As Nic adds veal and pork meatballs to a delicious stock he chats about his career. A promising student at the Institute of Culinary Arts, he was selected to work in London, but after a few twists and turns became an unpaid volunteer at La Colombe restaurant in Constantia, Cape Town instead. With family friends providing accommodation, Nic quickly proved himself in the kitchen. When his fourmonth stint finished, he was invited to stay on as an employee. Money was tight though. “I worked six days instead of five so that I wouldn’t spend my salary! But I stayed at La Colombe for nearly four years, and they were good years. Thinking back, I don’t remember not having money. I just remember the awesome teamwork, the service, the kitchen,” he says.
Nic was La Colombe’s sous chef when he moved on. After a stint at the Mount Grace hotel in Magaliesberg, he was lured to Kleine Zalze wine and golf estate in Stellenbosch. With chef Michael Broughton as his business partner, Terroir restaurant opened in October 2004. The venue was – and still is – a huge success.
But Nic wanted to create his own path. “I left to become a shareholder in Barnyard Brasserie in March 2007. When I became a partner with Michael, I didn’t have the confidence to be a chef on my own. So when I left Terroir, it wasn’t that I was bored. We were winning awards and cooking fantastic food. But this brasserie was a vision I’d had for a while, and it was a good business opportunity.”
‘Nic is in partnership with actress Sybel Coetzee Möller, and they plan to open more Barnyard Brasseries. The interior has a French feel without being intimidating, and the fuss-free food relies on a handmade approach and quality ingredients. “I’ve always wanted to cook more approachable food, so that’s what I’m doing here. At Terroir we’d have meat or fish and three sauces. Now it’s meat or fish with one sauce, using cheaper cuts of meat,” he says.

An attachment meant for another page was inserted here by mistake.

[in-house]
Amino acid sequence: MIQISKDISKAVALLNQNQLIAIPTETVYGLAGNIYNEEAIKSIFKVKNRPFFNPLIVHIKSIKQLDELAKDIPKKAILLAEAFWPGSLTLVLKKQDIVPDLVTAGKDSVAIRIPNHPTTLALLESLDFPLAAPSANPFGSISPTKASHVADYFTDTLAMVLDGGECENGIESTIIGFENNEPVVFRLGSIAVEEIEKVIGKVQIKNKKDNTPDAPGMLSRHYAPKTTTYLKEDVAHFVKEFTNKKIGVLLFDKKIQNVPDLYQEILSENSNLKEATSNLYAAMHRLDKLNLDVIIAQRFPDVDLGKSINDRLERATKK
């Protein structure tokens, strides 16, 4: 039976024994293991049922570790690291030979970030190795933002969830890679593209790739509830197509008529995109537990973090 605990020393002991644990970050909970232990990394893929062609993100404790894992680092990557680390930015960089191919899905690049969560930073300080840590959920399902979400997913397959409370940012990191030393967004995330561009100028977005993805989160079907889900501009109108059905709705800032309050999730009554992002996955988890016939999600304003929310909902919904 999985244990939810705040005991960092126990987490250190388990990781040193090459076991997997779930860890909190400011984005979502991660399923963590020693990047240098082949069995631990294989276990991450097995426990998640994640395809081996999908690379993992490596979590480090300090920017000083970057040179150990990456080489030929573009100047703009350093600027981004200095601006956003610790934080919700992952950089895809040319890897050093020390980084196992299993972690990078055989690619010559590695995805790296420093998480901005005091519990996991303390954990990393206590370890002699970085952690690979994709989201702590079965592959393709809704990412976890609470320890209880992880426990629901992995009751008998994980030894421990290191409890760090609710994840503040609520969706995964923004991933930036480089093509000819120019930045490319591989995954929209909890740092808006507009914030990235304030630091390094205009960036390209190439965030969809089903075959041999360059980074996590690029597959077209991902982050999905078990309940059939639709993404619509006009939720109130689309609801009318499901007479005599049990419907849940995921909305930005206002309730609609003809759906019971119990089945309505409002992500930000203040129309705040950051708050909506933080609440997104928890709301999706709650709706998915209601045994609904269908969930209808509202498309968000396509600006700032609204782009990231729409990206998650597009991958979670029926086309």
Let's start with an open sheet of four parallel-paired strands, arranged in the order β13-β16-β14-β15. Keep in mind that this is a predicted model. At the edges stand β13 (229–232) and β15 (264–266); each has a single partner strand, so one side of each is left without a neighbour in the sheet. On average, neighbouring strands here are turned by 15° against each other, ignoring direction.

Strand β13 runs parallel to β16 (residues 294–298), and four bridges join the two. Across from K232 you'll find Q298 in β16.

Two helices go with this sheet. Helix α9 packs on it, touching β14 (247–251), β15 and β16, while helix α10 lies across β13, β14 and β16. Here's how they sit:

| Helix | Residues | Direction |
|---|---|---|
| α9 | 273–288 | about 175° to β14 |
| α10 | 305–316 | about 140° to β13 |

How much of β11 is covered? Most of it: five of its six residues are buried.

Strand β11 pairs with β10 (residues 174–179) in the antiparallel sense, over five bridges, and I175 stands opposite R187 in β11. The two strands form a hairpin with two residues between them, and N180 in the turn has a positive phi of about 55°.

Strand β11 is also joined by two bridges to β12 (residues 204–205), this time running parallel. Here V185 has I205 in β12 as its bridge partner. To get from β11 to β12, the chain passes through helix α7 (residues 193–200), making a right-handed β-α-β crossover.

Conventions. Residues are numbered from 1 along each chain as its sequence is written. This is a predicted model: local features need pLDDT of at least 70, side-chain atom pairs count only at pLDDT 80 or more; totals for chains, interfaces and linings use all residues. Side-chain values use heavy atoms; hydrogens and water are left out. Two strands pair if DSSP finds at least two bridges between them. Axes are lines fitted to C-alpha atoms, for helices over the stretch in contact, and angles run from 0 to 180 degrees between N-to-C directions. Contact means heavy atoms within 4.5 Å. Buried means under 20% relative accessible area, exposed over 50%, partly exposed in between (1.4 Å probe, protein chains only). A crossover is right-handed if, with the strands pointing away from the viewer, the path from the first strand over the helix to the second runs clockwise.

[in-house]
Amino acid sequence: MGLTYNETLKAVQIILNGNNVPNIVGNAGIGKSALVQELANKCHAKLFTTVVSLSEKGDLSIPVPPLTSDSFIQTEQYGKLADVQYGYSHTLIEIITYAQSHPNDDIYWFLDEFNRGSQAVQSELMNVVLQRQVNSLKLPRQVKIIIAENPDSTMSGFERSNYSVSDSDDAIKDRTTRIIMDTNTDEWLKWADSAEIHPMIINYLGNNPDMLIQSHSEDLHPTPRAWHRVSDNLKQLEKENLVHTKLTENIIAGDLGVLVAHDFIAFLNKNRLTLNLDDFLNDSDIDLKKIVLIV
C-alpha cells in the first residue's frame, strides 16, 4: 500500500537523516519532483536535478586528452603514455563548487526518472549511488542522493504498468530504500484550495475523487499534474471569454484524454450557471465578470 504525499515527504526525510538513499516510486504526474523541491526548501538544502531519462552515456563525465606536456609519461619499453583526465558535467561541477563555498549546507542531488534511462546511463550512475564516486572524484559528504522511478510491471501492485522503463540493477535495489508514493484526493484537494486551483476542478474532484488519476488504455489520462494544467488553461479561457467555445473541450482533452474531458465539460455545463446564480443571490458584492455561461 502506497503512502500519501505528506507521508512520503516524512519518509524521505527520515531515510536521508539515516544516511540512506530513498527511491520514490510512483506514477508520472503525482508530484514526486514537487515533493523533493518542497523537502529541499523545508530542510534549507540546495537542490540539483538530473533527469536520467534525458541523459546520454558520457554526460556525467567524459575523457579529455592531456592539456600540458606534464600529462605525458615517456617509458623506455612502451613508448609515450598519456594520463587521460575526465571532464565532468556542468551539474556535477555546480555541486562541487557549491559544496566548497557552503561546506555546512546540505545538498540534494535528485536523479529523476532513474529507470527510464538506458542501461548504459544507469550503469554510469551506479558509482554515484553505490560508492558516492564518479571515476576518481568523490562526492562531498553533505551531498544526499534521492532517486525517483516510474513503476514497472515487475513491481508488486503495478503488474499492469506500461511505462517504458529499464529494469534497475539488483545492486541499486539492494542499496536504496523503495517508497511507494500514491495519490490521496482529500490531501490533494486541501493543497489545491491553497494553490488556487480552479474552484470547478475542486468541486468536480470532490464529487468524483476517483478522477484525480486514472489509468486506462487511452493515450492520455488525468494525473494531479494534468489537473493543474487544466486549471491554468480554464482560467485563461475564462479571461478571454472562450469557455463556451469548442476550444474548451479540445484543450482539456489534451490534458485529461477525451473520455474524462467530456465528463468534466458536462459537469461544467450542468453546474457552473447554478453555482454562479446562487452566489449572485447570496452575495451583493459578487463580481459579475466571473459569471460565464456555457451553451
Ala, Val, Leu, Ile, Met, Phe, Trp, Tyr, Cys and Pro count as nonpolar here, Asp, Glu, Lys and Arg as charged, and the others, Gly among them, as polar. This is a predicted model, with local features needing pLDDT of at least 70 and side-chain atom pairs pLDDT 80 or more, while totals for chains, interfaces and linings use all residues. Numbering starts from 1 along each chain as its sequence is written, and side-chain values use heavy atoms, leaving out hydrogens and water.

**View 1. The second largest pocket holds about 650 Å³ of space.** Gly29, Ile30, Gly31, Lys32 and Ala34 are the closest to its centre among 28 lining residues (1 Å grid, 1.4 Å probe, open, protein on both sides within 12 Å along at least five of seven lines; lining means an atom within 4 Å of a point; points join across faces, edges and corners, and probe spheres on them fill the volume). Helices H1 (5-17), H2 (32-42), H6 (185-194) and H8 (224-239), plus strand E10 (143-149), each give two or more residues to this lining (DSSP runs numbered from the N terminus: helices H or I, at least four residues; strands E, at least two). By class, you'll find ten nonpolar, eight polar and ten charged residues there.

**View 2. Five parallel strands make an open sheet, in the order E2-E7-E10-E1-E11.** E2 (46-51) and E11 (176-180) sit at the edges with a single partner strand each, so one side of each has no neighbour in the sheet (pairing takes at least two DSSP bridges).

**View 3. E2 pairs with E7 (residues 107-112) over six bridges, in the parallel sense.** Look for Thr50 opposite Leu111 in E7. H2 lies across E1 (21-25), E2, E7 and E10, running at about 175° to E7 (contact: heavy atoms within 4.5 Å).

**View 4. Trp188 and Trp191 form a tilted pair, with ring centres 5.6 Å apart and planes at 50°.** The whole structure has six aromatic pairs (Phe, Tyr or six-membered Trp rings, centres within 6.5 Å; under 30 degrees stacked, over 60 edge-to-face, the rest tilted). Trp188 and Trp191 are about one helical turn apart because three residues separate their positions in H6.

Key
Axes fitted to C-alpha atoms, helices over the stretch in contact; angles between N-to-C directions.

The action moves to the tapas bar, where chef friends Mariette Smit and Chani Mare are seated with Ali. “Did I tell you how much I love cooking offal?” asks Nic, setting down a tapas dish of crumbed pigs’ ears and tails. It isn’t on the usual tapas menu. “We have offal such as kidneys and liver on the restaurant menu,” he says. “But we can do any offal with advance notice. Sweetbreads, tripe, sheep brains… I love things like this. I want to make brawn from a pig’s head for Sunday lunch. And the stock left over from cooking these ears and tails would make a fantastic broth!”
While hesitant at first, Nic’s guests enjoy the unusual crumbed pig bits and pieces. “I had the ear. It’s chewy but okay,” reports Mariette. “The tail is actually nicer. You eat around the bone,” says Chani. “My problem is I know what it is. But it tastes more like the crumbs, so you don’t even know what you’re eating. I agree that the tail is meatier,” adds Ali.
Nic’s spinach, mozzarella and chorizo parcels are another hit. “Tapas is a nice way to entertain. You spend time in the kitchen and then everybody helps themselves,” he enthuses. “And you experience more flavours than a regular meal.” With Nic van Wyk, having a food experience is what it’s all about.
Barnyard Brasserie and Tapas Bar, Willowbridge Lifestyle Centre, Carl Cronje Drive, Tyger Valley, 021-914-5046. Open daily for lunch, and for dinner only Mondays to Saturdays. A harvest table is served for Sunday lunch. Tapas served daily until late.
By Sean Calitz